An aneurysm is an abnormal bulging or widening of an artery. Arteries are the blood vessels that carry oxygen-rich blood from the heart to different parts of the body. Aneurysms can occur in any artery, but most frequently involve the aorta, the largest artery in the body. The aorta originates at the heart and then travels upward in the chest toward the head (the ascending aorta), giving rise to the arteries that supply blood to the arms and head. It then makes a u-turn (the aortic arch) and heads downward in the chest (the descending aorta) and then into the abdomen (abdominal aorta) giving rise, along the way, to many arterial branches that feed the rest of the body. Aortic aneurysms in the chest are called thoracic aortic aneurysms, and those that occur below the diaphragm are referred to as abdominal aortic aneurysms. Aneurysms can be caused by arteriosclerosis, high blood pressure, injury, inherited conditions (i.e., Marfan syndrome), connective tissue disorders or infection.
Each year, approximately 33,000 patients in the US undergo elective aortic aneurysm repair to prevent rupture. Abdominal aortic aneurysm rupture leads to nearly 9,000 deaths annually. Surgery to repair abdominal aortic aneurysms has been performed for more than 50 years, and over time, there have been a number of improvements in surgical therapy. The most important recent development is endovascular (“within the blood vessel”) repair of abdominal aortic aneurysms. Ruptured aneurysms cause an overall mortality rate of 90 percent. Only 50 percent of patients who reach the hospital with a ruptured aneurysm will be able to survive surgery, and some of these individuals will be unable to return to their previous lifestyles.
Clearly, it is much better to electively operate on an aneurysm than to try to repair an aneurysm once it has ruptured. Elective aneurysm surgery is performed with a less than 2 percent mortality rate, and almost all patients are able to return to their usual lifestyles, including patients in their eighties. Surgery is recommended when the benefits outweigh the risks, as identified during careful preoperative evaluation. Preoperative evaluation typically includes a cardiac stress test, pulmonary function studies, renal function studies, a medical history and physical examination and routine laboratory tests.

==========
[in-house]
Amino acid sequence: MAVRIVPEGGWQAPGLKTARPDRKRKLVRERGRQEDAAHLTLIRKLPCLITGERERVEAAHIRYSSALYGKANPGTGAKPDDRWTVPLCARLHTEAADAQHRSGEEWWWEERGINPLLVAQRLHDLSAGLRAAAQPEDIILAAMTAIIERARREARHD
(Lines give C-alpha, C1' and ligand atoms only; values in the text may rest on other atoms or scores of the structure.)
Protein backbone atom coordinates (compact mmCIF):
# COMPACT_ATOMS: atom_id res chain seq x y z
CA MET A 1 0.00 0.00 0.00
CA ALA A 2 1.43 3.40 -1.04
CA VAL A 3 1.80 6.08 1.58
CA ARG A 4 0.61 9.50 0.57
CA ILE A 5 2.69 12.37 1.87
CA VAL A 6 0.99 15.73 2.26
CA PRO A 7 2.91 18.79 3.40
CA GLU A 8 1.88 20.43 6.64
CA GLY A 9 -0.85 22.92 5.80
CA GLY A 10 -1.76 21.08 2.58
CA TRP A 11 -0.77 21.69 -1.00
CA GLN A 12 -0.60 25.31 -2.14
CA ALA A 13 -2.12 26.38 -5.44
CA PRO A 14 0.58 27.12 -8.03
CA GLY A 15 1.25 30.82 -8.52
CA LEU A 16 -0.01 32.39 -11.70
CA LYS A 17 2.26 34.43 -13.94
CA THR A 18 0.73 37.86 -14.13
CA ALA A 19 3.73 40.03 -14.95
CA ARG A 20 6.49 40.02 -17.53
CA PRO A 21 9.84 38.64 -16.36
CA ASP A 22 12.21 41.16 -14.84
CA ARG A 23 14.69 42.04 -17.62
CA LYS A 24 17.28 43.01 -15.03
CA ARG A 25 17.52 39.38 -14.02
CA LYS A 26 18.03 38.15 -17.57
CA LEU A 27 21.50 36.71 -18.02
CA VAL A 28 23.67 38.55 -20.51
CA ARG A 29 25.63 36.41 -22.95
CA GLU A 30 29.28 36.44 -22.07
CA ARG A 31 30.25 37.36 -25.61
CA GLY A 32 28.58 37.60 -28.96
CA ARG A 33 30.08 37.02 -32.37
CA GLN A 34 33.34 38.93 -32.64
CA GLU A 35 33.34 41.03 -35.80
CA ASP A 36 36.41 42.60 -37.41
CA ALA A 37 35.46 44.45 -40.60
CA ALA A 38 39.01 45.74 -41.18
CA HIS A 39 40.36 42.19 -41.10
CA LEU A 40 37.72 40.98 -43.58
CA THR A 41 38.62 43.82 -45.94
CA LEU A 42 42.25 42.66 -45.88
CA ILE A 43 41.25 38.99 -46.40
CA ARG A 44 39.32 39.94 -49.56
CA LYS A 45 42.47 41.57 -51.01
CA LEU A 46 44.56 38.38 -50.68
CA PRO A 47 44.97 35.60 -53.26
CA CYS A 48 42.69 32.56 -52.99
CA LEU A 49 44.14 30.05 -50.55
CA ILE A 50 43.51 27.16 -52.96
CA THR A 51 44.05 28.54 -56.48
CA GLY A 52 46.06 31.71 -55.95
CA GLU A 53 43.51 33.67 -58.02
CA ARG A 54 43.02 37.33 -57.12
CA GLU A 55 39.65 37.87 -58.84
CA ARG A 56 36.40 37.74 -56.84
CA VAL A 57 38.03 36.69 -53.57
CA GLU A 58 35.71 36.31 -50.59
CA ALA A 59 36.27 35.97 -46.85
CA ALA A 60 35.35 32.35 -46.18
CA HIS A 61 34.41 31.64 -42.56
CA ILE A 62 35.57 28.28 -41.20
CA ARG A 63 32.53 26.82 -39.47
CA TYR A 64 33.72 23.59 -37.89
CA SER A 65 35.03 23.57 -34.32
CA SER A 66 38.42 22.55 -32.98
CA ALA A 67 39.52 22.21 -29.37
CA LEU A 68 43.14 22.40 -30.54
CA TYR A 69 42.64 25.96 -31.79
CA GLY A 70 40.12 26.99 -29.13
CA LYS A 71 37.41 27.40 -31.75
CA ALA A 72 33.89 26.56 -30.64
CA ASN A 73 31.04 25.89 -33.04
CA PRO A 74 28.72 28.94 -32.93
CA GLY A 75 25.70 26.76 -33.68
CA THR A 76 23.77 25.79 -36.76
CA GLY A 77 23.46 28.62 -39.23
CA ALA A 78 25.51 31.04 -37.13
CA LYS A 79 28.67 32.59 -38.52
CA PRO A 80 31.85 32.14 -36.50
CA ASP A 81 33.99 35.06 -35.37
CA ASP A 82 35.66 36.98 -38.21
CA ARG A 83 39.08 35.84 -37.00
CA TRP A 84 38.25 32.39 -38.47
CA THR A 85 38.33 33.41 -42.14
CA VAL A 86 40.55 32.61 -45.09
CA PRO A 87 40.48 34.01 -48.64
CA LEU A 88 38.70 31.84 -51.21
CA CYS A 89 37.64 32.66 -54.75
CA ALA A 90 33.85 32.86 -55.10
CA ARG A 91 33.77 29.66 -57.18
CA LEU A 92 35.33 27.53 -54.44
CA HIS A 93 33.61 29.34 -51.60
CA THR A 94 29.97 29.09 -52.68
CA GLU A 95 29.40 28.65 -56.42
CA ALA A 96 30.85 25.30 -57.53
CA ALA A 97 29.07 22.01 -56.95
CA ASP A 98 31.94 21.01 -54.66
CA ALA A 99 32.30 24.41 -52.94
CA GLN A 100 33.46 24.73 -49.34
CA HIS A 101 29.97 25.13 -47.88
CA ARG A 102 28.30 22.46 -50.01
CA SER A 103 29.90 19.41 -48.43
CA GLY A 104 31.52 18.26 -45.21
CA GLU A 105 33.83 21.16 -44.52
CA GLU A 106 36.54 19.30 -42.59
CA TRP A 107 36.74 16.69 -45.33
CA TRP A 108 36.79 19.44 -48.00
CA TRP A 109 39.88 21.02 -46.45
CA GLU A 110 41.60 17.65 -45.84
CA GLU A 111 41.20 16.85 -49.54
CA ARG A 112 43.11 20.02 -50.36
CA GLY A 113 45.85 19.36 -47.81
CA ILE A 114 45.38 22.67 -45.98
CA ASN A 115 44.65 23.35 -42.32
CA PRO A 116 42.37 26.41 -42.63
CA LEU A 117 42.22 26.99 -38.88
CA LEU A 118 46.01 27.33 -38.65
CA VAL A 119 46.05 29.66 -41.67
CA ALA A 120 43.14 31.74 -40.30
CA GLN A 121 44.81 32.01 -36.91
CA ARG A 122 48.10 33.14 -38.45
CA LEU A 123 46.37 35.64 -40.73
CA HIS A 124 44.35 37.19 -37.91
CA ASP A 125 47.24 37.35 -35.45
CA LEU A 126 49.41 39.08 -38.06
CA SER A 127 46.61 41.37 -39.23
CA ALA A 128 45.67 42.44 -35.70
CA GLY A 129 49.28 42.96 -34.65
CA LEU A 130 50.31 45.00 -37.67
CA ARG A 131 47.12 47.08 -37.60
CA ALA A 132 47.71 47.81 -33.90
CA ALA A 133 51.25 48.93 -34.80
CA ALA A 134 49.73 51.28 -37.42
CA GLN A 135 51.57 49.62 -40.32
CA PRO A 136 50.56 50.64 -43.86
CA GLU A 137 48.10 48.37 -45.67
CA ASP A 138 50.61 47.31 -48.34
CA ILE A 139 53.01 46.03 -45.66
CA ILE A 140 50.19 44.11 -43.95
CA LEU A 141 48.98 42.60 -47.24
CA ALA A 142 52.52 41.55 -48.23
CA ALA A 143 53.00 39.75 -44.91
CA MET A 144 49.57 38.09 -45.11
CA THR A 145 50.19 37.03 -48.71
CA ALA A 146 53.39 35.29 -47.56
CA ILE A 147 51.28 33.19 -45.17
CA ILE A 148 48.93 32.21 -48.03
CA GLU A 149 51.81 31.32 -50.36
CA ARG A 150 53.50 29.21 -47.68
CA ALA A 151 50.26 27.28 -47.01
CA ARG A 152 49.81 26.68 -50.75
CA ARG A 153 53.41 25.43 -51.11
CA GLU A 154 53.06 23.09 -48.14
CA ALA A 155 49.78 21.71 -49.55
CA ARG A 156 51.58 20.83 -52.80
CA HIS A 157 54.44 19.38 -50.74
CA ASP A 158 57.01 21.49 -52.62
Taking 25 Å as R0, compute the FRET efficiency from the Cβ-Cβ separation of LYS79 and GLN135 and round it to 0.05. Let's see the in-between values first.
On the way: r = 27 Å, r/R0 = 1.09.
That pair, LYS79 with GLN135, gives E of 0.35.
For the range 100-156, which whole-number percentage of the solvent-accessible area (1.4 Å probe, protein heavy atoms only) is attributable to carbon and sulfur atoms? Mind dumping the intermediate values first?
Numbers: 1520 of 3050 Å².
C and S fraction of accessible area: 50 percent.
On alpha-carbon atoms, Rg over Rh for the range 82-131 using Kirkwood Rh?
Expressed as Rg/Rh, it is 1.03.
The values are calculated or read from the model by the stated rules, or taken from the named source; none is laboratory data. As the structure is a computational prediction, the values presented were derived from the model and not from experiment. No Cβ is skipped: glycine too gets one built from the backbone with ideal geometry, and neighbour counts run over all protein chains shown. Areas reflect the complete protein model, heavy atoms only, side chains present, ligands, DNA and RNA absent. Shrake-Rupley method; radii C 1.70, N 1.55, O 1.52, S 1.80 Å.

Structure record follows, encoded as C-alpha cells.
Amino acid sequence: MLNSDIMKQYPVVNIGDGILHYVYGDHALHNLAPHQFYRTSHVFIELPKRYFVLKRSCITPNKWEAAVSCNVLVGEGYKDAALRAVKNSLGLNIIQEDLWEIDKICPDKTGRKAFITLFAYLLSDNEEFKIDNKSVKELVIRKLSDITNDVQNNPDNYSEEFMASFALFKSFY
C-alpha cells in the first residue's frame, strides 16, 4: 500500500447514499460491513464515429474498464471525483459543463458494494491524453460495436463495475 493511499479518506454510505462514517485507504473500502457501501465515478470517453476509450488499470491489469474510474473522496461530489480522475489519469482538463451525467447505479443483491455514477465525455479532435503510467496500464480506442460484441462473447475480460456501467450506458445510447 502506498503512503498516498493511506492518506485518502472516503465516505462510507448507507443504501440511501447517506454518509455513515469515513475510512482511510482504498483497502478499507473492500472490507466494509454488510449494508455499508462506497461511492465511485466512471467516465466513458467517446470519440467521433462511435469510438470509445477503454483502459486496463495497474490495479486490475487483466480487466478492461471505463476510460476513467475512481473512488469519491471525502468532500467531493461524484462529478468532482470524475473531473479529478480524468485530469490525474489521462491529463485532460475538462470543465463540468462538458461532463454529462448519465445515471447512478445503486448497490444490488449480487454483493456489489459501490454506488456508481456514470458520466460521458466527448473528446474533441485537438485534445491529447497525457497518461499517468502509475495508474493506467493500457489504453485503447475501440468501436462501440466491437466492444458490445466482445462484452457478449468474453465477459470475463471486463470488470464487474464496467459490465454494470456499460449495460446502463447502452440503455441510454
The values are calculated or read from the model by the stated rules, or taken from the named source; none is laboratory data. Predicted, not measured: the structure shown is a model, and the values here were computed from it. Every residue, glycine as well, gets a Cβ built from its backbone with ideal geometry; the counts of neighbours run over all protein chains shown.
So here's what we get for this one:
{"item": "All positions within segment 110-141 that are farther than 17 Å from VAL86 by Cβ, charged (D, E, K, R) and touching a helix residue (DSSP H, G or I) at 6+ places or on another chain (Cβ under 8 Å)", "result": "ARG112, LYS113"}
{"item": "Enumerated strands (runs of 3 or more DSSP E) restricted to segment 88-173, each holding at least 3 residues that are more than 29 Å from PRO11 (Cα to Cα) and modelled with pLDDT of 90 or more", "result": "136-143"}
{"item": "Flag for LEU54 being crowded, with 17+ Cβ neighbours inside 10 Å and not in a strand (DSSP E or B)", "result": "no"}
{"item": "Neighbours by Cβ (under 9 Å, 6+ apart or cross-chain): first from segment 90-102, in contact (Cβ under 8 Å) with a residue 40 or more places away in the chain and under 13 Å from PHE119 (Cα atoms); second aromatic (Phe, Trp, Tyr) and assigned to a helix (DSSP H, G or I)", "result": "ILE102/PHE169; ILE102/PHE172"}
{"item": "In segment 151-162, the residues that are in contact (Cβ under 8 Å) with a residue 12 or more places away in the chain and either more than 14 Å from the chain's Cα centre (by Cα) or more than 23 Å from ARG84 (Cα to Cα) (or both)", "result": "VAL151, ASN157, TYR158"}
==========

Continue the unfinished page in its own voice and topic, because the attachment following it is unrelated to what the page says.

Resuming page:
Abdominal aortic aneurysms less than 4 centimeters in diameter are considered “very small.” Their risk of rupture is essentially negligible. Two recent, large, randomized trials, the United Kingdom Small Aneurysm Trial and the Aneurysm Detection and Management Corporative Study (reported on in the May 9, 2002, edition of the New England Journal of Medicine), showed no improvement in survival rate with surgery for abdominal aortic aneurysms between 4 and 5.5 centimeters in diameter. Therefore, it is quite clear that patients with aneurysms of this size should not undergo surgery unless there are extenuating circumstances. These patients should, however, carefully monitor their health and go to the nearest emergency room if they experience any new abdominal or back pain that is not muscular or skeletal-related.
Patients with aneurysms 5 centimeters or larger should consult a vascular surgeon for an evaluation that includes an assessment of general surgical risks and the anatomy of the aneurysm, as well as a discussion of which potential symptoms to be aware of.
Elective, open surgical repair in “good risk” patients can be performed with a less than 2 percent mortality rate. Patients who undergo open repair of abdominal aortic aneurysms are typically walking around in two or three days and are back to a regular diet by postoperative day six. The majority of patients are discharged from the hospital on the sixth or seventh postoperative day. After discharge, they can generally drive in two to three weeks, but may experience some fatigue for two to three months. Endovascular (“within the blood vessel”) therapy is relatively new. As such, there are still issues that need to be resolved. For example, the long-term durability of endovascular grafts is unknown. Consequently, patients who have these grafts require careful lifelong follow-up. As many as 10 percent of patients require an additional procedure each year to ensure that the grafts continue to function as intended. On a positive note, the technology for endovascular grafts is rapidly improving, making them a more attractive option. Currently, patients who receive grafts experience less pain and little early morbidity, and they are usually back to normal within a month of the procedure.
At the Lahey Clinic we feel endovascular grafts should be reserved for relatively high-risk patients with good anatomy until more is known about their long-term effects. Lahey's vascular surgeons are also interested in treating peripheral aneurysms in the carotid artery, popliteal artery, femoral artery, visceral vessels and elsewhere. For further information, please contact the Department of Vascular Surgery at 781-744-8577.